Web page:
Adrián Ferrera

Functional Operators

Array Refactoring Patterns

You may have probably heard of functional programming many times, however, if you are starting in the world of development or you come from object oriented programming, you will not know with certainty what it is about.

Let's begging with a basic definition, since the aim of this term is creating a functionality based on programming methods, it receives a few entries params, in order to return a value, at this stage it doesn't exist side effects, it means that values are immutable. Functions that fulfil these requirements are called pure functions.

At programming languages as Javascript, exists functions at the language, that make some operations: map, find, filter, reduce, forEach, etc, this operations are called functional operators and have been created to work over list of values (arrays).

Are necessaries?

Of course not. The fact that they exist does not mean that these operators will be the solution to resolve every programmatic problem. However, they are a tool that will protect you from several errors as mutability of values, hoisting errors or just to improve the readability when you have enough experience.

When making TDD, it is not a good option to focus our code on a functional operators since it will close our code design to this solution, conversely, in a mature version of the code or when we some patterns match, is a good point to apply this solution and couple to our code.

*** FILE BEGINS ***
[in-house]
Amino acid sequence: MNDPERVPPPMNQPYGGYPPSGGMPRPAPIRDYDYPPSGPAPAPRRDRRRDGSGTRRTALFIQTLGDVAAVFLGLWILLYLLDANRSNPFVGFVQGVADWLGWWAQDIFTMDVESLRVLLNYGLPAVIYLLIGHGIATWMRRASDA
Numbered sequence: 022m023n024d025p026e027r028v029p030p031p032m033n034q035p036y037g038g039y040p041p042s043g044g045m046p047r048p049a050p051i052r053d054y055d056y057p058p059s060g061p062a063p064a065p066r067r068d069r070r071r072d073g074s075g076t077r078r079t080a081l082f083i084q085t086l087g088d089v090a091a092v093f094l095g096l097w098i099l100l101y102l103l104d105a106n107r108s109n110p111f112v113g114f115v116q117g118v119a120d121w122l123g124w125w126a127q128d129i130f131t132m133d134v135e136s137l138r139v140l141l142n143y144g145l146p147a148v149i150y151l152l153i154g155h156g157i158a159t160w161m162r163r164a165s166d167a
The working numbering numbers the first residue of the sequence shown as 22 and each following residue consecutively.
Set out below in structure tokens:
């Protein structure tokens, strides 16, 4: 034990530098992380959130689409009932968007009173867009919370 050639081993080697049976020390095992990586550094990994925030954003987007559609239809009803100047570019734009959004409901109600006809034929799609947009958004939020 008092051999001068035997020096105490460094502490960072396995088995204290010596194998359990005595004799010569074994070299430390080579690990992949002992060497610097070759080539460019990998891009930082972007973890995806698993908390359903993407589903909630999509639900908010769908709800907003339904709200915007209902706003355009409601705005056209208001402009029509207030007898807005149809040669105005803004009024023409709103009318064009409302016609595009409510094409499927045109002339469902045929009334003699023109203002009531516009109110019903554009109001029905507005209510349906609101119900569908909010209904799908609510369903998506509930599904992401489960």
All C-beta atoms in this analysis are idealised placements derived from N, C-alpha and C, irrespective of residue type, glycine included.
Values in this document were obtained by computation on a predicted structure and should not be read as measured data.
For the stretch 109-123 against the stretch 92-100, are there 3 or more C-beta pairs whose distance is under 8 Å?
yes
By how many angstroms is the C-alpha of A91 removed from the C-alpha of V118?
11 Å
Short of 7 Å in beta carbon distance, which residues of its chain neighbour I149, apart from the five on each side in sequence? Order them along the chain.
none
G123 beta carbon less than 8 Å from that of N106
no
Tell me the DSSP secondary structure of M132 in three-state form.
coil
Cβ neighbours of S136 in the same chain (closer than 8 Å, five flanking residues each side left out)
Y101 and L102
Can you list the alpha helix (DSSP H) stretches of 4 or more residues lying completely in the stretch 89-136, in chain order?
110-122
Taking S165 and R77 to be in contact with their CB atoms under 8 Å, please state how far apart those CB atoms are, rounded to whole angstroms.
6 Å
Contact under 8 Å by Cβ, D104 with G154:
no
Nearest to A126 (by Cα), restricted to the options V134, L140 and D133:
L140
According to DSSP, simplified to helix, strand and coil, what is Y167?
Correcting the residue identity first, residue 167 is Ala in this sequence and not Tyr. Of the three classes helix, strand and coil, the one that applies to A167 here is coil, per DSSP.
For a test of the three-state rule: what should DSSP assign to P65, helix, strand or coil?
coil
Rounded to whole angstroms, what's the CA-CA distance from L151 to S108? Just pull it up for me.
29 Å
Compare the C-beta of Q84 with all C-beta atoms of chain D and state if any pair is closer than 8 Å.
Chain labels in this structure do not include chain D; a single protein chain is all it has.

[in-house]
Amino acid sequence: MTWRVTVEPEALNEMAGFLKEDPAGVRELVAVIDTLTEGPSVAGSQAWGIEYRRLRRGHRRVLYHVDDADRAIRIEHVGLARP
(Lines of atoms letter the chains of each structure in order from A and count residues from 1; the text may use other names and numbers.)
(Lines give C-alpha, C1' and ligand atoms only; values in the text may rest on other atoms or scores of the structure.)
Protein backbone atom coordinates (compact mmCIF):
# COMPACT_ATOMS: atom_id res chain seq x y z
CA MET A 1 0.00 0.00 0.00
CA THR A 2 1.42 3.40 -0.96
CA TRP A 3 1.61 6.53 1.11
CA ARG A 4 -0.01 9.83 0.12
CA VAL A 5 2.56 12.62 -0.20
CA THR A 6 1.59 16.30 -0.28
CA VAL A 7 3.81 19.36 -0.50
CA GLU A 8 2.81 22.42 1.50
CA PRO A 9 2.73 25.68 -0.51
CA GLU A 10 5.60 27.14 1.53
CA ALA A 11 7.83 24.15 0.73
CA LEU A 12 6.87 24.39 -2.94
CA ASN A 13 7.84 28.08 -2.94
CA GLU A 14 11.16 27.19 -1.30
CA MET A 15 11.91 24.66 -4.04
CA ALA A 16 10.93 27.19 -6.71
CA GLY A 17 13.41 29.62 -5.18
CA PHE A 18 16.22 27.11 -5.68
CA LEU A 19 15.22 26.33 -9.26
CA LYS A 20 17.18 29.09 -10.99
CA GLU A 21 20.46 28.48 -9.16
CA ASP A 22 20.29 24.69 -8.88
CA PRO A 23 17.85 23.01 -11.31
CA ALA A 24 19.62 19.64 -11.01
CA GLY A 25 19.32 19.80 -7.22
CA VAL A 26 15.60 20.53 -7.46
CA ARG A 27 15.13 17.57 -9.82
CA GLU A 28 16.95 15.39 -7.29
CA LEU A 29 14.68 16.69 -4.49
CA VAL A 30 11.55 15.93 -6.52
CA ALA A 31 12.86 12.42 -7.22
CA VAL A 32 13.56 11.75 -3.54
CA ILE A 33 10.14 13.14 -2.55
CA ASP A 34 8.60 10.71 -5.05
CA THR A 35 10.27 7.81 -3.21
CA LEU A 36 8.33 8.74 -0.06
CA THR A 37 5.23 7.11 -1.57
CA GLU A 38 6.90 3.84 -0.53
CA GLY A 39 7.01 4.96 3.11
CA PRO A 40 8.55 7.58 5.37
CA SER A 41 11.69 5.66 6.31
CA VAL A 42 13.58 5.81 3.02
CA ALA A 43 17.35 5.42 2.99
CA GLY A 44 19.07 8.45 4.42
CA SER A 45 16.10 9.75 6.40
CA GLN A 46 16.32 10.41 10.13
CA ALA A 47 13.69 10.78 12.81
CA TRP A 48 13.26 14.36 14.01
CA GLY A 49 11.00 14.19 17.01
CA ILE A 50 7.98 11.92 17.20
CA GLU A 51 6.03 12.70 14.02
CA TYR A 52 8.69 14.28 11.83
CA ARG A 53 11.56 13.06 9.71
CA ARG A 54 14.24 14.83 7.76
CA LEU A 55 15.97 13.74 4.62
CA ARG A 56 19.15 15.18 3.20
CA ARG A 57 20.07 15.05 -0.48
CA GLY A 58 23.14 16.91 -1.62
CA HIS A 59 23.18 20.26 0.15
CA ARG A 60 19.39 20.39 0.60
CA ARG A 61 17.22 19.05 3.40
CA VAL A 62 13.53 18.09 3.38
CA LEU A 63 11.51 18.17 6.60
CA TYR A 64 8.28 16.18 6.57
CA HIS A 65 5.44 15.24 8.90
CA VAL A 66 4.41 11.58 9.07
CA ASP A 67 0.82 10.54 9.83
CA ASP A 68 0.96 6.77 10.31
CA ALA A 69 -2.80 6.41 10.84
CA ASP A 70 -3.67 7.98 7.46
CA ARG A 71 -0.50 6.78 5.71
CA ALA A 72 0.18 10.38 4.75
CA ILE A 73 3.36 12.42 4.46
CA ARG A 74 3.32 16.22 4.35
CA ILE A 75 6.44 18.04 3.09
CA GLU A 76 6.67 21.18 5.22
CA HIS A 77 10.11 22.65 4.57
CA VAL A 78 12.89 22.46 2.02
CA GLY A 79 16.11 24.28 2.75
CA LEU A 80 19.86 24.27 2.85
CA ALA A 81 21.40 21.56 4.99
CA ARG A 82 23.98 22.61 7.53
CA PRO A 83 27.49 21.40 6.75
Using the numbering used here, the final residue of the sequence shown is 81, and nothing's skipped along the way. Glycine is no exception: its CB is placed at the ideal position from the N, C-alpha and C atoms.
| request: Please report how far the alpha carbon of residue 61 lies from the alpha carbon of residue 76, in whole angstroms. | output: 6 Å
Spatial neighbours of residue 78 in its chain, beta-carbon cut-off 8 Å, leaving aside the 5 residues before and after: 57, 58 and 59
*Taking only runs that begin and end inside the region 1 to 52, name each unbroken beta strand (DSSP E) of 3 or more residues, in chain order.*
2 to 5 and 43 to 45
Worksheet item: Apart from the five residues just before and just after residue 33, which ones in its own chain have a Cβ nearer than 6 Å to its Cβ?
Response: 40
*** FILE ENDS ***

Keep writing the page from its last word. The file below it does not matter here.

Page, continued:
Types

The most common cases for these operators are:

forEach

The most basic. It allows us to iterate over an array, where each element of the same, it will execute a function without return any value. Mostly, we will use it by the time we want to make an operation based on the iterated value, without any change. For example: print a log, save a value, send an email...

const heroes = ['Spiderman', 'Wolverine', 'Ironman', 'Hulk', 'Ciclops'];

heroes.forEach((hero) => {
  console.log(hero);
});

Another common use is mute a value that is used at the function defined as parameter. However, we should stay away from this type of actions if we truly want pure functions.

map

Unlike what forEach do, the map operator returns a value for each one of the array values. It is commonly used when we want to retrieve partial information of each elements, transforming the data to a different structure, for example in case of a backend response to a custom model.

const heroes = [
  {name: 'Spiderman', mutant: false },
  {name: 'Wolverine', mutant: true },
  {name: 'Ironman', mutant: false },
  {name: 'Ciclops', mutant: true },
  {name: 'Hulk', mutant: false },
];

const names = heroes.map((hero) => hero.name);
// Spiderman, Wolverine, Ironman, Ciclops, Hulk

Receive an array of N elements and return another with N elements. Relation 1 to 1.

filter

For its part filter will execute a function which returns a boolean, if the value is true it will add the value to the resulting set, otherwise, it will be excluded.

const heroes = [
  {name: 'Spiderman', mutant: false },
  {name: 'Wolverine', mutant: true },
  {name: 'Ironman', mutant: false },
  {name: 'Ciclops', mutant: true },
  {name: 'Hulk', mutant: false },
];

const mutants = heroes.filter((hero) => hero.mutant);